The Foundation is pleased to report that, thanks to the outstanding advocacy of our WA Ambassador, Sharon Knapp, and the generous financial support of Western Plant Hire, patients in the Intensive Care Unit of
Rockingham General Hospital in WA will now have access to Foundation ICU Patient Diaries to aid them in their psychological recovery.
It is recognized that ICU survivors face common psychological problems during their recovery, including anxiety, depression and post-traumatic stress disorder (PTSD). PTSD is a condition triggered by the experience of a traumatic event which must be severe enough to cause powerful subjective responses such as intense fear, helplessness and horror. It is characterised by a range of symptoms such as re-experiencing the event (flashbacks), avoidance of situations that remind one of the event, a numbed reaction and symptoms of increased arousal.
The fragmentary nature of memories for the time in critical care and the high proportion of delusional memories, such as nightmares and hallucinations, that are recalled afterwards make it difficult for patients to make sense of what has happened to them and has been shown to be one of the precipitants of PTSD among ICU survivors. These memories are frequently described by patients as very vivid, realistic and frightening and may even involve patients thinking that nurses or doctors tried to kill them.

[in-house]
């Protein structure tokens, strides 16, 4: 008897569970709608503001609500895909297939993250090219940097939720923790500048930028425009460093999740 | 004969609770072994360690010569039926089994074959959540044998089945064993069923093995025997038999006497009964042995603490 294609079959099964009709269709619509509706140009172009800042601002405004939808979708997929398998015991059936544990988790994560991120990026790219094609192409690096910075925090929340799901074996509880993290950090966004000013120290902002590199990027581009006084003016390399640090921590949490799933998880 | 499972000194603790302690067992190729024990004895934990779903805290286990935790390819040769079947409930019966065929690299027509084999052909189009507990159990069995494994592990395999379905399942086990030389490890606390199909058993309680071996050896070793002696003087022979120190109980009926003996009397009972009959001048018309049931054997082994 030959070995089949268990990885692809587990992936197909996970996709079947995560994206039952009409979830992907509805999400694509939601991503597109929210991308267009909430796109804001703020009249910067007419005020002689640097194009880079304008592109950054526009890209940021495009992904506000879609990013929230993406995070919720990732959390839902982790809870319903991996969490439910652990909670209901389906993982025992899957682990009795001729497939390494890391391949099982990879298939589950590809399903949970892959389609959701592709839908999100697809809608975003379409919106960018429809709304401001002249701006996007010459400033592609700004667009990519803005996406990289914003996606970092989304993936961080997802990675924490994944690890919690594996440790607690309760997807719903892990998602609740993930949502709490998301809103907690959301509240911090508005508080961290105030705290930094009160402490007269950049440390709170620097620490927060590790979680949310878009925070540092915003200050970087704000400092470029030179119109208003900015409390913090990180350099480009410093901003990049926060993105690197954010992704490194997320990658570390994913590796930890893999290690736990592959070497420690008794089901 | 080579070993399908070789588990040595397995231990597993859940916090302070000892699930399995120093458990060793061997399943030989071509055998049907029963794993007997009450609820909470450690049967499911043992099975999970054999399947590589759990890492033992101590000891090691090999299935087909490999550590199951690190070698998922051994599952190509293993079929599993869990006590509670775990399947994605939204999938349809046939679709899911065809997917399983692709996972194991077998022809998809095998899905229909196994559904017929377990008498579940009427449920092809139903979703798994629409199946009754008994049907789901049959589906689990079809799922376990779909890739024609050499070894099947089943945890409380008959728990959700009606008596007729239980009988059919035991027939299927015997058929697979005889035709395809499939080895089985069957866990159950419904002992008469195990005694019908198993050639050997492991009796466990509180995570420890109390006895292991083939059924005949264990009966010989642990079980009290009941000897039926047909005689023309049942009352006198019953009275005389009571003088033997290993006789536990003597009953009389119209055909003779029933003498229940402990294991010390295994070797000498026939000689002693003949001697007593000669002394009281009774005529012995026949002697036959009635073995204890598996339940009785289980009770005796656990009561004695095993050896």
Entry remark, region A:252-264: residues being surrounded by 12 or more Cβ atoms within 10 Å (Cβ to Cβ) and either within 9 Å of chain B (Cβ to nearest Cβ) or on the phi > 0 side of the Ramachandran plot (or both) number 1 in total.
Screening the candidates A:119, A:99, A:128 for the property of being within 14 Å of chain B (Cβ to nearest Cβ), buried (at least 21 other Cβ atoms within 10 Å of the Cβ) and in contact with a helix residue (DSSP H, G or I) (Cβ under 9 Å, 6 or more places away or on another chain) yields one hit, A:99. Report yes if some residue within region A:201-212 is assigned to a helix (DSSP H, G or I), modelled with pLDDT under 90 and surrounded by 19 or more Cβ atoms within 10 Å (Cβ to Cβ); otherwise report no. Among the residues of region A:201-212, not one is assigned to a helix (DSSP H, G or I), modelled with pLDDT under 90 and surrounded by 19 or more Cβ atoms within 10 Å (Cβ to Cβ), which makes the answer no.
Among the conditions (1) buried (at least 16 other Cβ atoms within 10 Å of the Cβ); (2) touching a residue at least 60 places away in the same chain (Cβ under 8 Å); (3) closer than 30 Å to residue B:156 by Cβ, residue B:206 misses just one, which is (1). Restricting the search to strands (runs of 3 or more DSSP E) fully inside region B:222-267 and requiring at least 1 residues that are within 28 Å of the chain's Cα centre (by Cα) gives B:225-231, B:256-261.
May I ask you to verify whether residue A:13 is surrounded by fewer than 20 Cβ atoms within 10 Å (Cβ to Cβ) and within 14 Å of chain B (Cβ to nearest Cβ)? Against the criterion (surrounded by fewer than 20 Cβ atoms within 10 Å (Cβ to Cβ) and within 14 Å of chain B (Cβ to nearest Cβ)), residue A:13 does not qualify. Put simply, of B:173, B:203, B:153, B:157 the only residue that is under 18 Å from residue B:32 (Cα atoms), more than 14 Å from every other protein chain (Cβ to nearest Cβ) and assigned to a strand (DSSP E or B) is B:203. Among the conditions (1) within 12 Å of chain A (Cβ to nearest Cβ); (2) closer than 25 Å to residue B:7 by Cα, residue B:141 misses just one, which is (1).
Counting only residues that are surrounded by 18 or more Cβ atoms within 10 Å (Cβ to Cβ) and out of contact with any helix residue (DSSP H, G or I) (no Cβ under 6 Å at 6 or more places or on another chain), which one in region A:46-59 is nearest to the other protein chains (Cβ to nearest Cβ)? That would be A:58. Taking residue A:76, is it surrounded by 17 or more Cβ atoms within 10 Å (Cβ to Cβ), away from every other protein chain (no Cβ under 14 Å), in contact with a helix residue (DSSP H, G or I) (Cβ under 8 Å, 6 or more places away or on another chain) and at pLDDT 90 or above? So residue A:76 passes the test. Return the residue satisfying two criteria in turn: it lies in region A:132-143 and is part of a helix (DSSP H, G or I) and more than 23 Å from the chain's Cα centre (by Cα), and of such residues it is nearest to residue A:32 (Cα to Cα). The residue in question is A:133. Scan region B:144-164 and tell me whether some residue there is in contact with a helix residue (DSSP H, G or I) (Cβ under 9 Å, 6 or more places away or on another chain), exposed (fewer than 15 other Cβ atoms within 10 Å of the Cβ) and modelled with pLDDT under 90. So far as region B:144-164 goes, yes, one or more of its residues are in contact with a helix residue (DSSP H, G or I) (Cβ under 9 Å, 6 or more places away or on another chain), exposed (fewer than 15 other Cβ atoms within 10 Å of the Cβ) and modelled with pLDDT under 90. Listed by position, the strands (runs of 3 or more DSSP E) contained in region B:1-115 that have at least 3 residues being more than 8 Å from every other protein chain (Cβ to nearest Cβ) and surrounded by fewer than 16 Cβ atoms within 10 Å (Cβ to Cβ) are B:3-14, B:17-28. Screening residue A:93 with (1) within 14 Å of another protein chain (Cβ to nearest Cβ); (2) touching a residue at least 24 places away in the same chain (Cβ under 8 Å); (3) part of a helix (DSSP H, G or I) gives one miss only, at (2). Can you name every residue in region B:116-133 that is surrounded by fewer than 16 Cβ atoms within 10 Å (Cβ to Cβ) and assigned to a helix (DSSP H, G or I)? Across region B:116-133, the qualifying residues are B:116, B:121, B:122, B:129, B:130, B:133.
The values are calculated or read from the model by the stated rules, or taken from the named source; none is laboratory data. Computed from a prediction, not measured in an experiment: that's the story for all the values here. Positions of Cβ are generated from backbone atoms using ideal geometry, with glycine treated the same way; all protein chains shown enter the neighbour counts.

An ICU diary, written by healthcare staff and family in everyday language with photographs as a daily record of the patient’s ICU stay, has been shown to help ICU survivors fill in the significant gaps they have in their memories and put any delusional memories into context and so aid psychological recovery.
The workload for healthcare staff of writing in a diary is minimal at only a few minutes per day, except for starting the diary, which takes longer as an introduction is needed to explain why the patient has been admitted to the ICU.